Wednesday, January 18, 2006
Note to spammers (updated!)
I may consider adding a new column to the bottom of my sidebar, entitled "Spammers." On it, I will post the name and email address associated with blog-ad spam. I may not have many readers, but I am traversed by search engines, and your address will be harvested by third-party spambots.
By the way, this only applies to mass mail2. I won't consider personal email to be spam, so don't be worried about clicking my email address. I do want to hear from readers through comments and email.
1 Never have I seen a site with more copyright notices on a single screen than this one. And, truth is, if it were free/open source software, the backend might have been somewhat useful. As a web service, it's of low to moderate interest.
And, by the way, dude, the 90's are over. You can use Unicode now. And, even if you're representing Hebrew words with graphics, you don't need a library of "over 10,000 graphical images." You just need enough graphics to represent each character and point. It's the basis of a novel technology called a 'font.' (Maybe I should apply for a patent on it.) If you want to see what I'm talking about, I won't provide a link, you can go Google for it yourself, or find some sucker who put up the press release/announcement.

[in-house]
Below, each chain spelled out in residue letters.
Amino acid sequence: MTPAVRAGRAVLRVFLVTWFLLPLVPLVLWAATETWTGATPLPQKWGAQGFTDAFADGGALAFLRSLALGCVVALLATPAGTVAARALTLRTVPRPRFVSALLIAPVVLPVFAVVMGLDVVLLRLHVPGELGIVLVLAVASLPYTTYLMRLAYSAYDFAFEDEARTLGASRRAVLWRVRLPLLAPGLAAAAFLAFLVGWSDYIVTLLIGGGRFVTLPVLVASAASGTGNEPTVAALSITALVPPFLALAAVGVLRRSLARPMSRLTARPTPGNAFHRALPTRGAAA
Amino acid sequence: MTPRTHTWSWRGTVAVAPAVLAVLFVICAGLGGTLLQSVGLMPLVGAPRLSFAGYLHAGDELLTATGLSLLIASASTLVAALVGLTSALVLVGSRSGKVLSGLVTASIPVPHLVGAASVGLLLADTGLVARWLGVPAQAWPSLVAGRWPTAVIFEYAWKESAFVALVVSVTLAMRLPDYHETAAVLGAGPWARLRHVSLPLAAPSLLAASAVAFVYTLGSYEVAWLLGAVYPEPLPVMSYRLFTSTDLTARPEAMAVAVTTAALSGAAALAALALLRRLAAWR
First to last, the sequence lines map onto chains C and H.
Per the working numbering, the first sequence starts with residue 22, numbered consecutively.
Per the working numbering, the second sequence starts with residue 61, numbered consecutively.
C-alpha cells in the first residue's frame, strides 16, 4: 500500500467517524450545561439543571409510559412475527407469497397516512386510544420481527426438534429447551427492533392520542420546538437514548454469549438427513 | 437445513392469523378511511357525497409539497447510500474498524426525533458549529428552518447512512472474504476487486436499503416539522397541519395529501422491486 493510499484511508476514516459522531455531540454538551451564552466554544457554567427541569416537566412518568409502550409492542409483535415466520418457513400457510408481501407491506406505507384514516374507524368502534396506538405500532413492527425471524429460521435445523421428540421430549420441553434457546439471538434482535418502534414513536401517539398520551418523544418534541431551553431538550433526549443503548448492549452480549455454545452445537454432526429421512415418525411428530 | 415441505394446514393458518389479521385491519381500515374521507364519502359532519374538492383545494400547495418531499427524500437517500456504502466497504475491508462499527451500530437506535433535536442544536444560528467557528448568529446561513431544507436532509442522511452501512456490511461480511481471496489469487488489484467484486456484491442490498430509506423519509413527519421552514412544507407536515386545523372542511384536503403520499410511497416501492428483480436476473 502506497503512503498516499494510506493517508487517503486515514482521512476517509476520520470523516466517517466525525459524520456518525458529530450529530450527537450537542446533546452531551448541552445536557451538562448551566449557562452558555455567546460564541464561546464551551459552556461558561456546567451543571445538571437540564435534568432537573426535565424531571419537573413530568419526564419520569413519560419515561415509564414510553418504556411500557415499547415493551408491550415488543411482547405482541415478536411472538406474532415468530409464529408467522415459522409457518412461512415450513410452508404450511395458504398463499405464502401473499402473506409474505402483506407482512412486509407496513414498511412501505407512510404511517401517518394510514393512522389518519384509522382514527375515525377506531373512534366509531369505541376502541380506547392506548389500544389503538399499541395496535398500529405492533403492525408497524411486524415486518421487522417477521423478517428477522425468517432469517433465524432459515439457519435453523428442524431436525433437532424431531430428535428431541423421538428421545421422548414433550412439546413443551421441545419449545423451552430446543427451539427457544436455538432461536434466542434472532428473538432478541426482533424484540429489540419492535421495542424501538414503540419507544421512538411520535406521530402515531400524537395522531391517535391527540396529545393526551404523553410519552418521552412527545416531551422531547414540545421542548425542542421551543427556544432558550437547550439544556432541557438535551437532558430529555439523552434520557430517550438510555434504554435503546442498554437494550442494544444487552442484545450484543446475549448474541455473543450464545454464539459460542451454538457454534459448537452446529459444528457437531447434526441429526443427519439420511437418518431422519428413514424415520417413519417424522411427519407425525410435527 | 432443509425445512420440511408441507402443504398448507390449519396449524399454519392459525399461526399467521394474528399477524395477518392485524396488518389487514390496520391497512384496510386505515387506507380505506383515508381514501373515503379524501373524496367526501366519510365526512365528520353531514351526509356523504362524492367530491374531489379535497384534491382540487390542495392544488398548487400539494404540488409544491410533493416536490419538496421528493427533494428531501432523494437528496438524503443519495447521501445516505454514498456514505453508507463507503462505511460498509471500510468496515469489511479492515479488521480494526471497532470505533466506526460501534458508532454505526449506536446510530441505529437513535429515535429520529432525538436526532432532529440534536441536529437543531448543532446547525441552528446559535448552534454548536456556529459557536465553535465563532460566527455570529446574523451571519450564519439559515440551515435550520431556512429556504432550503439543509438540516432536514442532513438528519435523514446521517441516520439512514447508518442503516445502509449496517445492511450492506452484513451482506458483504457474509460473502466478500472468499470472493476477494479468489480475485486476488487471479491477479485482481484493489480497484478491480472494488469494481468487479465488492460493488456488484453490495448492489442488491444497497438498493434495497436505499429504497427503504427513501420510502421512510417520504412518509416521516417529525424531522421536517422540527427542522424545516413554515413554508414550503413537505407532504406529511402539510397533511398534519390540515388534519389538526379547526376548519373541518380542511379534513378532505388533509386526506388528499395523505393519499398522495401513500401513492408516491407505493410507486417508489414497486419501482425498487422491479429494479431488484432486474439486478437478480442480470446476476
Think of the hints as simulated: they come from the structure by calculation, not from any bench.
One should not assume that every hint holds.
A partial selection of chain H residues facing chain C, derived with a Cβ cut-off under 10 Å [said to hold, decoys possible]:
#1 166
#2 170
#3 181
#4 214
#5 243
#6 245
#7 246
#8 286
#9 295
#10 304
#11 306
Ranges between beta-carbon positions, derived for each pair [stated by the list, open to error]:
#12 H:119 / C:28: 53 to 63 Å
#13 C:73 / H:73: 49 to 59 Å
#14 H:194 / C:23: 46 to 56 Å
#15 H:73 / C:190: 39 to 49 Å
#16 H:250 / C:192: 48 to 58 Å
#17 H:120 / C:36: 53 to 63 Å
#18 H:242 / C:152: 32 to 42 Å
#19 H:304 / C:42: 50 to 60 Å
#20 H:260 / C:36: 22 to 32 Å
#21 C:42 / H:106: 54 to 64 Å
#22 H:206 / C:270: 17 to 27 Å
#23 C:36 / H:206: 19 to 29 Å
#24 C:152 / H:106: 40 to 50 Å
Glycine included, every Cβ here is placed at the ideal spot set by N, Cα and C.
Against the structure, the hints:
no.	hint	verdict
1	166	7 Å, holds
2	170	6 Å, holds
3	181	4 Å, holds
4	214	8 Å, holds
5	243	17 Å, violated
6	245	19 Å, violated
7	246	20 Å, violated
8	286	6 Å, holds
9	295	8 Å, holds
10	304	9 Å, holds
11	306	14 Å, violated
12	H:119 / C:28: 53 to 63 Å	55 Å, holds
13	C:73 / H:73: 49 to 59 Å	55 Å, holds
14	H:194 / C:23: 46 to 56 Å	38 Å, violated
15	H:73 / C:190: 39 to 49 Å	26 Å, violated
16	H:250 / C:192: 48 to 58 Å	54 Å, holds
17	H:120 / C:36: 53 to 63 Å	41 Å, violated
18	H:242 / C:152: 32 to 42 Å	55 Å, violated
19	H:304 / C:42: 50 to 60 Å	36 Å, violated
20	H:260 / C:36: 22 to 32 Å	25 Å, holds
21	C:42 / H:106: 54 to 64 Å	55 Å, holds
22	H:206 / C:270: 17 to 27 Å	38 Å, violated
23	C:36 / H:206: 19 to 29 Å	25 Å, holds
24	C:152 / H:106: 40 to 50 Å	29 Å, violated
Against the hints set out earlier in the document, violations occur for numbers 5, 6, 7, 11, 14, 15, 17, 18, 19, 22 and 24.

2 Hint: if it has more than 10 email addresses in the "To" line, it's mass mail. At least learn how to use BCC. It's good for you.
Update: At least one spammer got part of the message. He took me off his list. He still didn't get that sending unsolicited mass email is bad netiquette. The reason: spam works.
Technorati tags: spam
I totally feel you on the spammers. Before they had word verification (or maybe before I knew about it...) I spent a few minutes ranting about them myself here.
I don't think I scared them much because every time I turn off word verification they show up again...
(I realise they are just bots, but I can still be outraged!)
The difference in my past two posts are that the (e-mail) spammers were both real people who should know better. Thunderbird and Gmail do a perfectly good job of filtering out the computer-sent mail (Gmail does a much better job, actually, probably because its Bayesian filter is a lot better trained than mine). Actually, most of the addresses on the computer-sent mail are either stolen or faked anyway, so, my plan of action wouldn't help with respect to them, anyway.